The only Anne Frank memorial in the United States was vandalized Tuesday, a distressing display of hate that has prompted a police investigation, officials said.
“It’s sad that this is becoming a statement of who and what our community is,” said Dan Prinzig, director of the Wassmuth Center for Human Rights, which maintains the memorial in Boise, Idaho.
The memorial includes a life-sized bronze statue of Frank, which depicts her holding her diary and peering out the window of the secret annex in which she and her family spent 761 days hiding from Nazis before they were found and sent to concentration camps in 1944.
Stickers with swastikas and the words “We are everywhere” were found affixed to the diary, and another was pasted to a statue representing the “spiral of injustice.”
“Is this what we’re becoming?” Prinzig asked.
Another sticker was pasted over a photo of Bill Wassmuth, the center’s namesake. He was a Catholic priest who left the priesthood to focus on fighting white supremacists and the Aryan Nations, a neo-Nazi group that, at the time, was based in northern Idaho. Wassmuth died in 2002.
The defamation of the memorial, which Prinzig called a “stab to the heart,” has been a rallying cry for the community. Several community members asked Prinzig to hold a physical vigil, while others started fundraising drives, he said.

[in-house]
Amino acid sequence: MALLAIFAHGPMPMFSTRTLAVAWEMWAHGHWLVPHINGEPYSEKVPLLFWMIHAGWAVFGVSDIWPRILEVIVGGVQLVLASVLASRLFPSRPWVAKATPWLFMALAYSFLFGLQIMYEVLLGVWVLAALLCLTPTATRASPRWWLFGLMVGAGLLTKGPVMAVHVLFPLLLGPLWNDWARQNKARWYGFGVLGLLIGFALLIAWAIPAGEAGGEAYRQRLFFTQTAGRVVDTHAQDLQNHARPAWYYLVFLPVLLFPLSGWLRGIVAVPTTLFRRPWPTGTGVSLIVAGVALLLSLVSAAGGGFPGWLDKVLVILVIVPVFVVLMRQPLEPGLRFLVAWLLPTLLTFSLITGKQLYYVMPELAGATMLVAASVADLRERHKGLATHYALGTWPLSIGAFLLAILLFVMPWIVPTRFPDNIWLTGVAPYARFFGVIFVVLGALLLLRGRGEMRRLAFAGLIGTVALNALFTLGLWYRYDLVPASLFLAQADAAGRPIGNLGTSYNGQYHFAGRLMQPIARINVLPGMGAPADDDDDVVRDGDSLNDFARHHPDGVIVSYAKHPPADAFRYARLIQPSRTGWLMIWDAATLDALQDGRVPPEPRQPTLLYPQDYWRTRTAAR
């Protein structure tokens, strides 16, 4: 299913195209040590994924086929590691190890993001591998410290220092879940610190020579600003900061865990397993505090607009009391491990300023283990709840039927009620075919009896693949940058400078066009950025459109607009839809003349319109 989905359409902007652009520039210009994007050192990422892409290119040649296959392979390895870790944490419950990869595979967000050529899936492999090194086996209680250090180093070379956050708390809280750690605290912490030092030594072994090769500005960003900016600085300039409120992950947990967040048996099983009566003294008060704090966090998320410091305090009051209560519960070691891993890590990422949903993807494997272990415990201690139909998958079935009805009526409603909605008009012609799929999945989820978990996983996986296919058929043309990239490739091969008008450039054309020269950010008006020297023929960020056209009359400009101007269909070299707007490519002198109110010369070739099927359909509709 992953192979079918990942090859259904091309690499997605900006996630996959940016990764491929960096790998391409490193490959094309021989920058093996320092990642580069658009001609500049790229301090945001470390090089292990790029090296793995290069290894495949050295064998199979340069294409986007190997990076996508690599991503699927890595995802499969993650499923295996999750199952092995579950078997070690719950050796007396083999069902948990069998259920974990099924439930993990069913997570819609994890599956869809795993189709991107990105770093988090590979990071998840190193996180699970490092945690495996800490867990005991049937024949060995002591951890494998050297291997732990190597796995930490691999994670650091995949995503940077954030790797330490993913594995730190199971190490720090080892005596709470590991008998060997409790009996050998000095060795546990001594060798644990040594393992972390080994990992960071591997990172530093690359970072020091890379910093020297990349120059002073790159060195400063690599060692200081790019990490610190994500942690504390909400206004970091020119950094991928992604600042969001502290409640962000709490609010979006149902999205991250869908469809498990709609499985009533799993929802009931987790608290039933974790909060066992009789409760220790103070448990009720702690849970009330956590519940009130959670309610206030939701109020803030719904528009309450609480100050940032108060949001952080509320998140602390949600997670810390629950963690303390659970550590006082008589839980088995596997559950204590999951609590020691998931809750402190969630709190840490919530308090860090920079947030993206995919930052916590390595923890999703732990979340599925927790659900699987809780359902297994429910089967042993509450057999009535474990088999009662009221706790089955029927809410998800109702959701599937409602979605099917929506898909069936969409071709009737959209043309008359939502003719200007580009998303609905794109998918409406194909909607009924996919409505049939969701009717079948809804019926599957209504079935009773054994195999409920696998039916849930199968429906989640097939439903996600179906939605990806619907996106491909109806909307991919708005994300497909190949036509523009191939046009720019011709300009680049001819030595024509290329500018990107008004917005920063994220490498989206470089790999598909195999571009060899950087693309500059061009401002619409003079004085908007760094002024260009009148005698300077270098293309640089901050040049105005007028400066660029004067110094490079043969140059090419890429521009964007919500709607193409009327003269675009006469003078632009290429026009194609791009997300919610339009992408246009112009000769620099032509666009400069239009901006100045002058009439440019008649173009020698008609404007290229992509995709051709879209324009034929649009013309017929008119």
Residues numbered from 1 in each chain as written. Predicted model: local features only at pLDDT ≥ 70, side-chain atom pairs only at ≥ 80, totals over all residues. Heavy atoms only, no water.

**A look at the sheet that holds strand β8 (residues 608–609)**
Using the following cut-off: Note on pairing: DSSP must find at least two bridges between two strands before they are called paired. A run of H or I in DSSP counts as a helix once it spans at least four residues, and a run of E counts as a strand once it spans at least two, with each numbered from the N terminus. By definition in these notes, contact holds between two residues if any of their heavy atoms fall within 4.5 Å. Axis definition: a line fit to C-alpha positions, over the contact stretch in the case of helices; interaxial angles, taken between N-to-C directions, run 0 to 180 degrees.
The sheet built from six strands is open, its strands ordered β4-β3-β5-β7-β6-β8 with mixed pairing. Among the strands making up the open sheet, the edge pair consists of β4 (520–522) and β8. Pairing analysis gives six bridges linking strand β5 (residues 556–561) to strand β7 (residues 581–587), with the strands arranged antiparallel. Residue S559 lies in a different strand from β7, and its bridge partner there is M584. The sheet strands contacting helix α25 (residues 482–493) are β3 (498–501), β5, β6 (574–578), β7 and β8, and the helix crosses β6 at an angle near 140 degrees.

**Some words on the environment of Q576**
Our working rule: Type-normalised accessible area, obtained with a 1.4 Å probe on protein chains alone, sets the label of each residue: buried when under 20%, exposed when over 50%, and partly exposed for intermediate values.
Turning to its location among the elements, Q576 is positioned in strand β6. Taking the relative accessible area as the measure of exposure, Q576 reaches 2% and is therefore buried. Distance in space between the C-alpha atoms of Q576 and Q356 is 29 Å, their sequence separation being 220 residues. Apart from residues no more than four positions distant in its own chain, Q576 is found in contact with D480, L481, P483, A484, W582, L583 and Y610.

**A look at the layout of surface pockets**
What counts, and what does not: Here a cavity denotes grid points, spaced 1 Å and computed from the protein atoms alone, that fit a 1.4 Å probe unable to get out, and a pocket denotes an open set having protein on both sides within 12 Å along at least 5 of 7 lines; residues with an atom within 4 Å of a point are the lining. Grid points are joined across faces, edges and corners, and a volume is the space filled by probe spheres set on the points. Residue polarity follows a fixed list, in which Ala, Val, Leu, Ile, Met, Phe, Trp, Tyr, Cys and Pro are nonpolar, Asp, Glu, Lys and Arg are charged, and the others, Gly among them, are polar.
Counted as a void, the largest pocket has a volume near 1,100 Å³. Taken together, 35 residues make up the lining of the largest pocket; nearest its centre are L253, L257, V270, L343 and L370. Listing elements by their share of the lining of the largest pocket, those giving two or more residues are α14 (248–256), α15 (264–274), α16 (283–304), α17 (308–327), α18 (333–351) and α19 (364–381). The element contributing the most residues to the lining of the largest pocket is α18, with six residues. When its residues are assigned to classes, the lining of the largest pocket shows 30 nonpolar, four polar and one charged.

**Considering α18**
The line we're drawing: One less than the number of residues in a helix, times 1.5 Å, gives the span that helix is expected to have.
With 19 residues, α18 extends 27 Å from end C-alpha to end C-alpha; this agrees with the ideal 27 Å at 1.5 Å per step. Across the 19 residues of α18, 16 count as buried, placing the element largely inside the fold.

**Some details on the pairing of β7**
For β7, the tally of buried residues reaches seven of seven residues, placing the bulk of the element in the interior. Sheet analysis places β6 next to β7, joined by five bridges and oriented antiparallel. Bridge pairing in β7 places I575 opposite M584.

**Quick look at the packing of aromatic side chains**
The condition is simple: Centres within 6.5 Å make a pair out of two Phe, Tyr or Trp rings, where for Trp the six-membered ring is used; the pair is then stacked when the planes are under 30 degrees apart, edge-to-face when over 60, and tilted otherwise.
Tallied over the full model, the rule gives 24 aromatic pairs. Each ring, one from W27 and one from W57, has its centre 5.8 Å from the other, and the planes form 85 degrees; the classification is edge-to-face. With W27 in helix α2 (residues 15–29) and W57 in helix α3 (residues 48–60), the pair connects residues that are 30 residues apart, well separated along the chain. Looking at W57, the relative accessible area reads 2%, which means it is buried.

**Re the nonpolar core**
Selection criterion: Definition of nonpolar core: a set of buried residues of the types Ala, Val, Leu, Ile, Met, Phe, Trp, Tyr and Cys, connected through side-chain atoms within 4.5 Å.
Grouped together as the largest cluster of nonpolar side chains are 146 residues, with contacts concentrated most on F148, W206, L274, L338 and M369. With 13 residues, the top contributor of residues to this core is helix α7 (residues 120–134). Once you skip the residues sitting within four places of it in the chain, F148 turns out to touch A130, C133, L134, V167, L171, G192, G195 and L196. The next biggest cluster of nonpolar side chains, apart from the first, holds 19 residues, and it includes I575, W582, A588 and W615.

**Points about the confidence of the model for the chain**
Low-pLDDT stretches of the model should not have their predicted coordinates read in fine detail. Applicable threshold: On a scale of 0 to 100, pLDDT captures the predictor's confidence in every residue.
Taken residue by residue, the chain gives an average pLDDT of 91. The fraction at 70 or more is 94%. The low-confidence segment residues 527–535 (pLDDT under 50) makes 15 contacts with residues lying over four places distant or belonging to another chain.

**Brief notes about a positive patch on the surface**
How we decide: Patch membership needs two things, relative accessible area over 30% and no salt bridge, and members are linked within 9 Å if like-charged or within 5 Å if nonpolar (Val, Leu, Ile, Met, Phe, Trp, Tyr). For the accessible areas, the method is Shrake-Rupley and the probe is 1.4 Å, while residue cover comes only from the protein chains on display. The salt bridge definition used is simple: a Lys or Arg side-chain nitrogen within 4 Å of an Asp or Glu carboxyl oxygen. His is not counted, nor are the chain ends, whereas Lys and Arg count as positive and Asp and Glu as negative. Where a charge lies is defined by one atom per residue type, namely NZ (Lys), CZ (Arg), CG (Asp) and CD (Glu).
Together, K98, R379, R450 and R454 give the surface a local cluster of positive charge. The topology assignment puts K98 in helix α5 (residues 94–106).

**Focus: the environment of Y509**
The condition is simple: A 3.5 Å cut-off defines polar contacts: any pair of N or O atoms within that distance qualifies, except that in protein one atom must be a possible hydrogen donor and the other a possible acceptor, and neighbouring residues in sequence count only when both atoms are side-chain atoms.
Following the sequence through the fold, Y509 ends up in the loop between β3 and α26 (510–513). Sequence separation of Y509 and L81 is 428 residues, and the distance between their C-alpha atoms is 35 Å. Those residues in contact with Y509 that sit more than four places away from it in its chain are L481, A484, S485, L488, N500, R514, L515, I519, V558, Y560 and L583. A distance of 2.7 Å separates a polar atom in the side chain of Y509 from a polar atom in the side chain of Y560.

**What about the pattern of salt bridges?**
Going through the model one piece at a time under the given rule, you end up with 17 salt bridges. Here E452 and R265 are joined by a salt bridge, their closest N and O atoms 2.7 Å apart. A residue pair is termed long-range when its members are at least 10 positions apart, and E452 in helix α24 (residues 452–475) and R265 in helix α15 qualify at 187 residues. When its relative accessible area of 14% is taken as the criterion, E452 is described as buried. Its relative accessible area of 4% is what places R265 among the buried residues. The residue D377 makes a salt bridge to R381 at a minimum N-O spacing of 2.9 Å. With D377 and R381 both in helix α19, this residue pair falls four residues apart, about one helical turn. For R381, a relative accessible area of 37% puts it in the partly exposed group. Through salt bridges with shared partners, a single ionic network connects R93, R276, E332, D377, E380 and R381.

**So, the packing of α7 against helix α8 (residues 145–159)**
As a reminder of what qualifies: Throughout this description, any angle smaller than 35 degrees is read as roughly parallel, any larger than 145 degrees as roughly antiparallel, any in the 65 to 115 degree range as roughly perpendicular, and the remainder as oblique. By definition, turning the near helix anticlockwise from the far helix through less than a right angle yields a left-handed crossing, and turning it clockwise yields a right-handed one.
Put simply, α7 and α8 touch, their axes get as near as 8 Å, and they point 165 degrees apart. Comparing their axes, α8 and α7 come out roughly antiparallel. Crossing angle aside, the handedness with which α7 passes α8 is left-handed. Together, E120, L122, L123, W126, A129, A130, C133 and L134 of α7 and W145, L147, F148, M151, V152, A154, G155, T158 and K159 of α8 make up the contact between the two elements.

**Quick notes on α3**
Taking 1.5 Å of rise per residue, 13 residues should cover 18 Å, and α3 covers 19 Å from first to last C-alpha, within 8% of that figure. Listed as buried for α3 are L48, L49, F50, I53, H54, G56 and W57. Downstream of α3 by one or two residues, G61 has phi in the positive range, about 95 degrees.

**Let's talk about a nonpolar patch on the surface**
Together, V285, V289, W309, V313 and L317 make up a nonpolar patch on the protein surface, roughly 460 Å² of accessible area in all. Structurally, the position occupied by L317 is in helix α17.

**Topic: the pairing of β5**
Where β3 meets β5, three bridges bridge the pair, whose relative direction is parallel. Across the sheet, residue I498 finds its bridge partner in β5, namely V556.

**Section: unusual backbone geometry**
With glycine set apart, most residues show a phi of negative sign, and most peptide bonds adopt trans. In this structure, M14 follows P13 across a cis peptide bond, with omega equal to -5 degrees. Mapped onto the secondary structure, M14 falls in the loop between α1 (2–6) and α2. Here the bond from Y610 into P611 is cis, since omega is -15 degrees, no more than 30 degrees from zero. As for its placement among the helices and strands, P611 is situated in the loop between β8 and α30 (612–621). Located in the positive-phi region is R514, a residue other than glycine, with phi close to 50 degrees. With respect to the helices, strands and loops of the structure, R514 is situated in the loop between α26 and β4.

Boise Police Chief Ryan Lee called the vandalism “absolutely reprehensible” and said his agency has reached out to the Anti-Defamation League as part of its investigation.
“It does cause us concern,” Lee said. “We are committed to ferreting out … those who would foment hate in the community.”
This is not the first time the memorial has been vandalized since its 2002 dedication. It was also defaced over a series of days in 2017 when graffiti of anti-Semitic and racist slurs caused $20,000 in damage.
The damage is not only to the memorial itself, Prinzig said, but to the “psyche of the community.”
This is an “important moment in really beginning to question ourselves: Who are we and what [are we] doing to fight injustice?” he said.
Prinzig echoed the words of Eleanor Roosevelt, which he said are etched into the memorial.
“Where, after all, do human rights begin? In small places, close to home — so close and so small that they cannot be seen on any maps of the world,” he said.
Contributing: The Associated Press